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Fort St. Vrain Generating Station

Key facts:


Fort St. Vrain was a nuclear power plant that ceased operating in 1989. It was decommissioned from 1992 to 1996 and re-powered in stages between 1995 and 2009 as a natural gas-fired facility – the first commercial-scale nuclear power plant in the United States to be decommissioned.

Fort St. Vrain's successful re-powering enabled Xcel Energy to re-use approximately $60 million in assets from the plant's nuclear era to continue to generate electricity for its customers. The plant is now our largest gas-fired generating station in Colorado, capable of producing more than three times the electricity it could during its history as a nuclear facility. As such, it plays a crucial role in meeting the growing electricity needs of Front Range customers.

Fort St. Vrain also operates two simple cycle combustion turbines located at Ft. Lupton.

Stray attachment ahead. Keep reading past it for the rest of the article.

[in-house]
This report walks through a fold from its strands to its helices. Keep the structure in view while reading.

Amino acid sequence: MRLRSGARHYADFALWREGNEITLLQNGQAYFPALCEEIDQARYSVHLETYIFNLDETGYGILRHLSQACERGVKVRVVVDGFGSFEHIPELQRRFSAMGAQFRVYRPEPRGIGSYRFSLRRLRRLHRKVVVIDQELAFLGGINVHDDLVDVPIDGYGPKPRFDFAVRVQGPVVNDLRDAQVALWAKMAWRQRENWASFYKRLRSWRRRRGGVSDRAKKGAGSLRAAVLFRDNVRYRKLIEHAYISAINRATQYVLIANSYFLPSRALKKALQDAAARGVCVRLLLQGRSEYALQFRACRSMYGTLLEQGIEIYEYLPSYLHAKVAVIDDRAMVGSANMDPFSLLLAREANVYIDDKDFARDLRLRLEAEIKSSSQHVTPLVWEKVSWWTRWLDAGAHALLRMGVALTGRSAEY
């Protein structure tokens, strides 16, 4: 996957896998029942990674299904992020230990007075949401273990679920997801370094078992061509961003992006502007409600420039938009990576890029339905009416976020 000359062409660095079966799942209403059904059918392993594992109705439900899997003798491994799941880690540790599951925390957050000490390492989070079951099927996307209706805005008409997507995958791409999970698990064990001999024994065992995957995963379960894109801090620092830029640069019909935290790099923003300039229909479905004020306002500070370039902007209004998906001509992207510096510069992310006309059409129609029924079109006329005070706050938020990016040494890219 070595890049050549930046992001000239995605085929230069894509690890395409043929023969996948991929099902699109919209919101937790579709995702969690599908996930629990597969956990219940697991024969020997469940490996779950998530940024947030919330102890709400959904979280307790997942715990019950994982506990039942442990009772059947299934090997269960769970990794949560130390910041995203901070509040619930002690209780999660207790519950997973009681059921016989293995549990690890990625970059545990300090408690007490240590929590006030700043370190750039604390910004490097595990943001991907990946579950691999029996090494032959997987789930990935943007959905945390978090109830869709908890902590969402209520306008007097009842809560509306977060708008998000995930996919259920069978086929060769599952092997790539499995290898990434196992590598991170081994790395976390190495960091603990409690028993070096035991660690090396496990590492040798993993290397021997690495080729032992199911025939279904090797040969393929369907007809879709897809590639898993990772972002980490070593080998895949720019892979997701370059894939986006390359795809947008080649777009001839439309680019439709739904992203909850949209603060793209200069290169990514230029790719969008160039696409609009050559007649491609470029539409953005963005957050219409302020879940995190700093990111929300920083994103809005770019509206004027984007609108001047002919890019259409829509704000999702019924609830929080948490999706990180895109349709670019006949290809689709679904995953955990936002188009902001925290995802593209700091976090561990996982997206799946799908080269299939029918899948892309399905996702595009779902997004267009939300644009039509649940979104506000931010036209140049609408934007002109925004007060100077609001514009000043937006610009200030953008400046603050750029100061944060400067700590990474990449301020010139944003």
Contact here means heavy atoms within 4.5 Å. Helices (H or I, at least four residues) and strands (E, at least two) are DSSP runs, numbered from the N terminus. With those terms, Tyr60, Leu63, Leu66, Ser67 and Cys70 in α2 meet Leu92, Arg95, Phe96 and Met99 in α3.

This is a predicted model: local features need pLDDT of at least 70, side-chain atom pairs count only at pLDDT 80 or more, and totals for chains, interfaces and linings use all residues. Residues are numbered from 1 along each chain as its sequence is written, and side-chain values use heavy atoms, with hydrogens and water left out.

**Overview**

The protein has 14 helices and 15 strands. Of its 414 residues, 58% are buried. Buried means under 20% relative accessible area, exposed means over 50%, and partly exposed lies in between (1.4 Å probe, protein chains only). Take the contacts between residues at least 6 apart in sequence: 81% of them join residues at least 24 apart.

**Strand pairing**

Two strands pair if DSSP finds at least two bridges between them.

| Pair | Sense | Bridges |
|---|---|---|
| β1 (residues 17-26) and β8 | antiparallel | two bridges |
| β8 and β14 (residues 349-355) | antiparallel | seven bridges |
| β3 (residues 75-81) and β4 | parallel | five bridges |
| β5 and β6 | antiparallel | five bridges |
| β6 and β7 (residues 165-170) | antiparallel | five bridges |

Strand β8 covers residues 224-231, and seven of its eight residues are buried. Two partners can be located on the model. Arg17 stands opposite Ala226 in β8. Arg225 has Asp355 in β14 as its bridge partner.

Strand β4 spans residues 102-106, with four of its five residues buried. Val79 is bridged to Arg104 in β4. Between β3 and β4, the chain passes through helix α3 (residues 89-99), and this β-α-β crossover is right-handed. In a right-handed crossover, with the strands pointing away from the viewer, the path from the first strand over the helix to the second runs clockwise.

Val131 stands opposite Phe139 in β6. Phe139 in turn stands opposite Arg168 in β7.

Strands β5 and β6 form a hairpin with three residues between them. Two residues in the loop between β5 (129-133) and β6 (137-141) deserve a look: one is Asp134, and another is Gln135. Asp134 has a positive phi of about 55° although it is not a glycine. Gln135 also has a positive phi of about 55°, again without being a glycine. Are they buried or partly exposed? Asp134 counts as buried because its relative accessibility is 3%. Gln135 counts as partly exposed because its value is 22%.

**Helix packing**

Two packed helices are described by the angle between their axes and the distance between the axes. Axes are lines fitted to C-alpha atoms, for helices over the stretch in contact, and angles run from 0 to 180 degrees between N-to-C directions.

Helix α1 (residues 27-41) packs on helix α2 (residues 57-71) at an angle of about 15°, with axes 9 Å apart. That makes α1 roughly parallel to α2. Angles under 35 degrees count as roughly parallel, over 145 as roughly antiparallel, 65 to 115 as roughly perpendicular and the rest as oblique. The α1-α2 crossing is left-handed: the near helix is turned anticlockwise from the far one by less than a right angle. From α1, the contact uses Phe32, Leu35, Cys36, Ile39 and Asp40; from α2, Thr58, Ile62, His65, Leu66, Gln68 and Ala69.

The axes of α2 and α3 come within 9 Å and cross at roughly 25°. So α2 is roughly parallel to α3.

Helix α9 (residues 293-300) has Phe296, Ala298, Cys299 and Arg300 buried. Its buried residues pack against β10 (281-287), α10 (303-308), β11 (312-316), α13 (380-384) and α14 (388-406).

Environmental Highlights

Three heat recovery steam generators capture excess heat that would otherwise be vented into the atmosphere, turn it into steam and use it to power the original steam turbine. All five combustion turbines have used the best available technology at the time of their construction to reduce emissions. That includes low-NOx burners and selective catalytic reduction technology.

Community Involvement

Plant employees are active in the Platteville community. Visitors are encouraged to see the Energy/Environmental Learning Center at the former visitors’ center. The plant is also home to an American bald eagle nest as well as an Xcel Energy Bird Cam, which provides viewing of the eagles via the Internet. The plant has donated to the local chapter of the Questers, an organization working on restoration of several historical sites in Platteville, including the monument at the old Fort St. Vrain site.

For More Information Call:  1-800-895-4999

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Energy Saving Tip

Install ceiling fans to keep cool air circulating so you can turn down your air conditioner. Still, make sure to turn off your fan when you leave the room.

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Always call 811 before digging in your yard to avoid hitting buried gas or electric lines. Not only is it the safe thing to do, but it's the law.